Image courtesy of https://www.nationalgallery.org.uk
Tutor notes regarding feedback are at the end of this blog.
POLITICAL, ECONOMIC OR SOCIAL
France had been through a time of great upheaval by 1884 and was in period called the Third Republic with Jules Grevy as President (1879-87) who was a moderate republican. The Third Republic had been established after French defeat in Franco-Prussian war in 1870 and Napoleon III deposed. By the 1880’s the people of France had accepted the defeat and there was a great time of industrial and economic growth (as there was in England too) and with it came capitalism – this meant that the trades and industries were owned by private individuals rather than the government and were in pursuit of profit. This situation in turn brought materialism too with it. In 1884 the Walbeck-Rousseau law was passed which meant unionism legalised to try and improve the lives of the working class which were precarious at best due this system – unions to protect the workers.
The Bathers at Assnieres are young workmen who were taking their break near the river in an industrial suburb of Paris – the industrial buildings can be seen in the background. The clothes could signify the emerging middle class which came from the working class – the image looks as if it is what Seurat wanted or hoped it would become because it is not that of working class as you would expect and they are resting near an industrial part of the river but rather slightly further away in what appears to be a cleaner area though the description of the painting says otherwise. This scene was painted the same year as the Walbeck-Rousseau law was passed which would again give hope for improved social conditions for the working class. In the background there are signs of the capitalism and wealthy industry owners as on the river there is a boat with a man in a top hat and with the French Flag
CHANGES TO STATUS OR TRAINING OF ARTISTS
Throughout the 1800’s art had begun to get ever more loved by the public. Great artists such as Degas, Cezanne, Monet as well as the great sculpturer Auguste Rodin were well known with some including Degas causing scandals with some artistic works. The changing status of artists was directly reflected with the changing economic and social status and the materialism that came with the capitalism – art lovers were able to buy the art and therefore elevated the artist’s status yet further than just the galleries or museums alone could. Art became affordable for more people.
Artists of the period were not afraid to try new techniques and so develop new styles and movements – the training of many artists being by the prodigies or students of other great artists that went before them. The teaching concentrated on the great works in the Museums and galleries but the new emerging artists had the developments of science and the resulting papers at their fingertips which resulted in the development of the processes outlined above.
The French were very much art loving people and in Paris the area of Montmatre rapidly became the artistic quarter in the early 1880’s and was home to new political ideas and an underground culture – the likes of Renoir, Moreau and Degas lived in the more affluent area.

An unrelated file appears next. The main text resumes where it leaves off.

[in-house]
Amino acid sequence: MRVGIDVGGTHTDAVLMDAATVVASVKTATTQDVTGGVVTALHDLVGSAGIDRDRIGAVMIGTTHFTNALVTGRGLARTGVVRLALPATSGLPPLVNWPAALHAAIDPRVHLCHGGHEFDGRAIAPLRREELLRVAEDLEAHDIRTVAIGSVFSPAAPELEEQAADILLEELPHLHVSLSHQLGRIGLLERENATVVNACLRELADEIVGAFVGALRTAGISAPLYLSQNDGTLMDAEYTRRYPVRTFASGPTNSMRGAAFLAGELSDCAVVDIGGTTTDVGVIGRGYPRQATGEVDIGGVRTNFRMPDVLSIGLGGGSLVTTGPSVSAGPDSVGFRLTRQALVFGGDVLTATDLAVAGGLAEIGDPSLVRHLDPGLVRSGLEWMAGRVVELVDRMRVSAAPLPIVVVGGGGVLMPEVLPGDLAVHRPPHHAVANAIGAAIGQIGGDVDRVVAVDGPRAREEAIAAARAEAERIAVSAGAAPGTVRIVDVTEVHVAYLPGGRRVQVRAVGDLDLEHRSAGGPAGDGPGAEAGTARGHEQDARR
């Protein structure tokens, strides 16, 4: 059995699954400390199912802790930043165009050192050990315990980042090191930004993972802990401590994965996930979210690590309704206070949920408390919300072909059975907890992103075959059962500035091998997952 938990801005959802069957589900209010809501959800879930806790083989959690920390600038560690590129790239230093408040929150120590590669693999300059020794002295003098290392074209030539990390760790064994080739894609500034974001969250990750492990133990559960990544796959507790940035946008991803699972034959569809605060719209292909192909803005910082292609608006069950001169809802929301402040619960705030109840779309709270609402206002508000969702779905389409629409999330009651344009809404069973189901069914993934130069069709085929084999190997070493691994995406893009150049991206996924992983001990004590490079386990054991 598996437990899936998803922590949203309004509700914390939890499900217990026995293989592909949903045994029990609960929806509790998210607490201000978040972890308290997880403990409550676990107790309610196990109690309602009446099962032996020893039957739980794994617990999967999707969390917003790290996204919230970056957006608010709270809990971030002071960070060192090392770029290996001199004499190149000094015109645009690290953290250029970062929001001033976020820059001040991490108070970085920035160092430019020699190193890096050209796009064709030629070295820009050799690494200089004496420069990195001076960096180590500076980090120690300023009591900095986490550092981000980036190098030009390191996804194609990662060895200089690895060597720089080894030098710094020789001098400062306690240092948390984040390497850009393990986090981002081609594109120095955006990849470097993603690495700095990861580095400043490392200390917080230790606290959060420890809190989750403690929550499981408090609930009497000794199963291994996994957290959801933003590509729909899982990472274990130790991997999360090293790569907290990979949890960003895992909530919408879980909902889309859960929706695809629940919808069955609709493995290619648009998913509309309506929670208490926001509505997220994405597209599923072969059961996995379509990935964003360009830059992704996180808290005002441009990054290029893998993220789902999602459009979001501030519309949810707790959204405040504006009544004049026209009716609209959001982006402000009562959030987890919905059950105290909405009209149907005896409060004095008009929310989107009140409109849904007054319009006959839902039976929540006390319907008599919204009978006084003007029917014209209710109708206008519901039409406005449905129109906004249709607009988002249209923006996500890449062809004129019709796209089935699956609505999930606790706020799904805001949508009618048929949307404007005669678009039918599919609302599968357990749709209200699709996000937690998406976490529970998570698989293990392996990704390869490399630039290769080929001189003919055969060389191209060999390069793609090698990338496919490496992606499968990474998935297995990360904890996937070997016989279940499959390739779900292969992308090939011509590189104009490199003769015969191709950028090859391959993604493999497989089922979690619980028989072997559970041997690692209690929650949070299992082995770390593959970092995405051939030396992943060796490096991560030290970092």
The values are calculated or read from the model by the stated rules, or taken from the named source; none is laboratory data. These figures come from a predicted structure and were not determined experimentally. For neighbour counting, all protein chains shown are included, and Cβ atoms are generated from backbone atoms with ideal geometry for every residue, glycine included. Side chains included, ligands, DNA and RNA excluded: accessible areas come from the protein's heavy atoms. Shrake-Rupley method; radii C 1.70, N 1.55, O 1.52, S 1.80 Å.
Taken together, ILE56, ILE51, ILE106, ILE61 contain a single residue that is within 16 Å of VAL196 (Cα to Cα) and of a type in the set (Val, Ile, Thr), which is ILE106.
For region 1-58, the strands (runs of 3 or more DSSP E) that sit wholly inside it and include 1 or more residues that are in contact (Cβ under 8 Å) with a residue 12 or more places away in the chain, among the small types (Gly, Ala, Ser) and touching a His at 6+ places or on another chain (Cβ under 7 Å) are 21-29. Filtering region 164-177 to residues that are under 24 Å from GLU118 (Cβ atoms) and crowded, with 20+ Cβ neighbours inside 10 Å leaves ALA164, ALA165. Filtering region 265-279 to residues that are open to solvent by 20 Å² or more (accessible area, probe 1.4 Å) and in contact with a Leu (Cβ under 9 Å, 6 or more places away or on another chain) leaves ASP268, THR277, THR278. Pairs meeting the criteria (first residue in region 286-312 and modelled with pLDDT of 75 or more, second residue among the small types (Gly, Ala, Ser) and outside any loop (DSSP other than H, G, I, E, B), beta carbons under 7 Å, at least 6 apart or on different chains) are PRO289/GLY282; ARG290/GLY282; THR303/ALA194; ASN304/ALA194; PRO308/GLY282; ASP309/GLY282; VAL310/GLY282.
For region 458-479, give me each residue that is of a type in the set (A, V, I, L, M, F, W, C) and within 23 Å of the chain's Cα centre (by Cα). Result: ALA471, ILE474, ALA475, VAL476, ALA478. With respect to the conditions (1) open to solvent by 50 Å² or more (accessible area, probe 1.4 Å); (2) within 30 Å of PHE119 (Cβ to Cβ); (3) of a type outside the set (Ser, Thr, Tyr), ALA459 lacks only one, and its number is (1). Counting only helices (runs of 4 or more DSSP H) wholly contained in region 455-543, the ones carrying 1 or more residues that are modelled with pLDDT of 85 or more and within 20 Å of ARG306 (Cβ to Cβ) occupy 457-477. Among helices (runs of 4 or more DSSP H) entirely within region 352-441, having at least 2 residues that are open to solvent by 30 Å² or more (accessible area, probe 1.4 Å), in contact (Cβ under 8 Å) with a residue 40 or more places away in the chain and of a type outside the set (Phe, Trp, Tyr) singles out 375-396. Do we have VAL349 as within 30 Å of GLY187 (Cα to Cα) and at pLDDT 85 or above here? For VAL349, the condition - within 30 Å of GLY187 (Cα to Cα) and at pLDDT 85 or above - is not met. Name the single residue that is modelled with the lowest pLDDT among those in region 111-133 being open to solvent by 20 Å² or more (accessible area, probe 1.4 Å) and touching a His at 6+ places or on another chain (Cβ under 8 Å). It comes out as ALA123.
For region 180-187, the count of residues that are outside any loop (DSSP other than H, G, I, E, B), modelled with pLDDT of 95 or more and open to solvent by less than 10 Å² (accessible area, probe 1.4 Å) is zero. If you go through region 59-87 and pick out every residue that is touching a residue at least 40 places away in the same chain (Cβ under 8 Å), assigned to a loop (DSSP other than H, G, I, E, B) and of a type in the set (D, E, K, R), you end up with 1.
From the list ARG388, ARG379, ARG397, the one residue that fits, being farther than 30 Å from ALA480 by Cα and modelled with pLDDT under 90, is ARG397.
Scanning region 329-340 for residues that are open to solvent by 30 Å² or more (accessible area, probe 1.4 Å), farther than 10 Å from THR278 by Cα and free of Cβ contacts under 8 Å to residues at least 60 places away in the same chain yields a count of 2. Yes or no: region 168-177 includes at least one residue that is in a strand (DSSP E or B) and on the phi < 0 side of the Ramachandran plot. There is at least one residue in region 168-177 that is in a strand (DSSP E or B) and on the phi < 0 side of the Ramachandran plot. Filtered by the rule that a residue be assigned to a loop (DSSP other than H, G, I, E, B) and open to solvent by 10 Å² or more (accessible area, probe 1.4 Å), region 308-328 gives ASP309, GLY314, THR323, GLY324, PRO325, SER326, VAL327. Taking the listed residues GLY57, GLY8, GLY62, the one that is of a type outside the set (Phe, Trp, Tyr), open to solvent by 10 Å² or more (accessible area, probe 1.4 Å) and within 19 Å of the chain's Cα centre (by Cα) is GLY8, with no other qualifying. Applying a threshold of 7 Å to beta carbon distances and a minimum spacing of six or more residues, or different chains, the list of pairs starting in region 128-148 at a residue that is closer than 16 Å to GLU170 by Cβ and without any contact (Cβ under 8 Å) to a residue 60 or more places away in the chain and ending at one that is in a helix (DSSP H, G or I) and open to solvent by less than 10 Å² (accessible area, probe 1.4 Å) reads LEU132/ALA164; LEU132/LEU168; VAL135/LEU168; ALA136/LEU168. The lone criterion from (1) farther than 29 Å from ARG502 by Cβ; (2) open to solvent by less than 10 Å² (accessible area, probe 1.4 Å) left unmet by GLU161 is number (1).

In Paris at the time there was no one single style in or outside of the exhibition known as the Salon and therefore many learnt the traditional classical painting techniques including studying and copying many of the Old Masters but whilst also studying the Impressionist and developing Post/Neo-Impressionist styles.
In the same period Van Gogh left Paris and headed for Provence with the intention of setting up an artist’s community – it is there he developed his own styles which at times were Realism or Post Impression.
DEVELOPMENT OF MATERIALS AND PROCESSES
Georges Seurat was trained by a student of Ingres called Henri Lehman at the Ecole des Beaux Arts studied works in the Louvre of the great early Italian and 17th Century artists. His style developed a modern approach which combined study of his recent artist forbears, the Impressionists, with studying optics and the theories concerned with colour relationships. The techniques and processes were based on science and lead to the development of pointillism. This process involved literally involved hundreds of tiny dots of pure bright hues which then became blended when seen with the human eye – this technique gave a shimmering effect to the works. The development of the the technique had come about through the then modern writings of colour theory through which the artists of the time started to realise or believe that rather than colour washes, or the layering of colours or mixing of pigments, there was a greater vibrancy in the hues when painted separately in individual strokes or dots. It was a time consuming and precise technique that lead to the shimmering effect of the light on their canvases. The dot technique was known as pointillism and pioneered by Seurat.
The Bathers at Asnieres is very much a transitional piece – the original sketches and studies were done both in conte crayons or oil paint on site and these helped him to decide the composition of the piece. The whole painting is done in oil paints on canvas because he had not yet developed pointillism and later went back to add in some details in contrasting paints to add the shimmer that is so much a part of his later works – when you look closely the individual dots can be seen on areas of the grass or the hat of the boy and in the river.
Photography was in its infancy but beginning to take to the stage from early photographic images being exhibited in 1839 by Louis-Jacques-Mande Daguerre – the image was produced on a silver coated copper plate with iodine vapours and his colleague was Nicephore Niepce who produced the first negative image in 1816 and the first photographic image in 1826. By 1853 the first photographic studio had opened in Paris.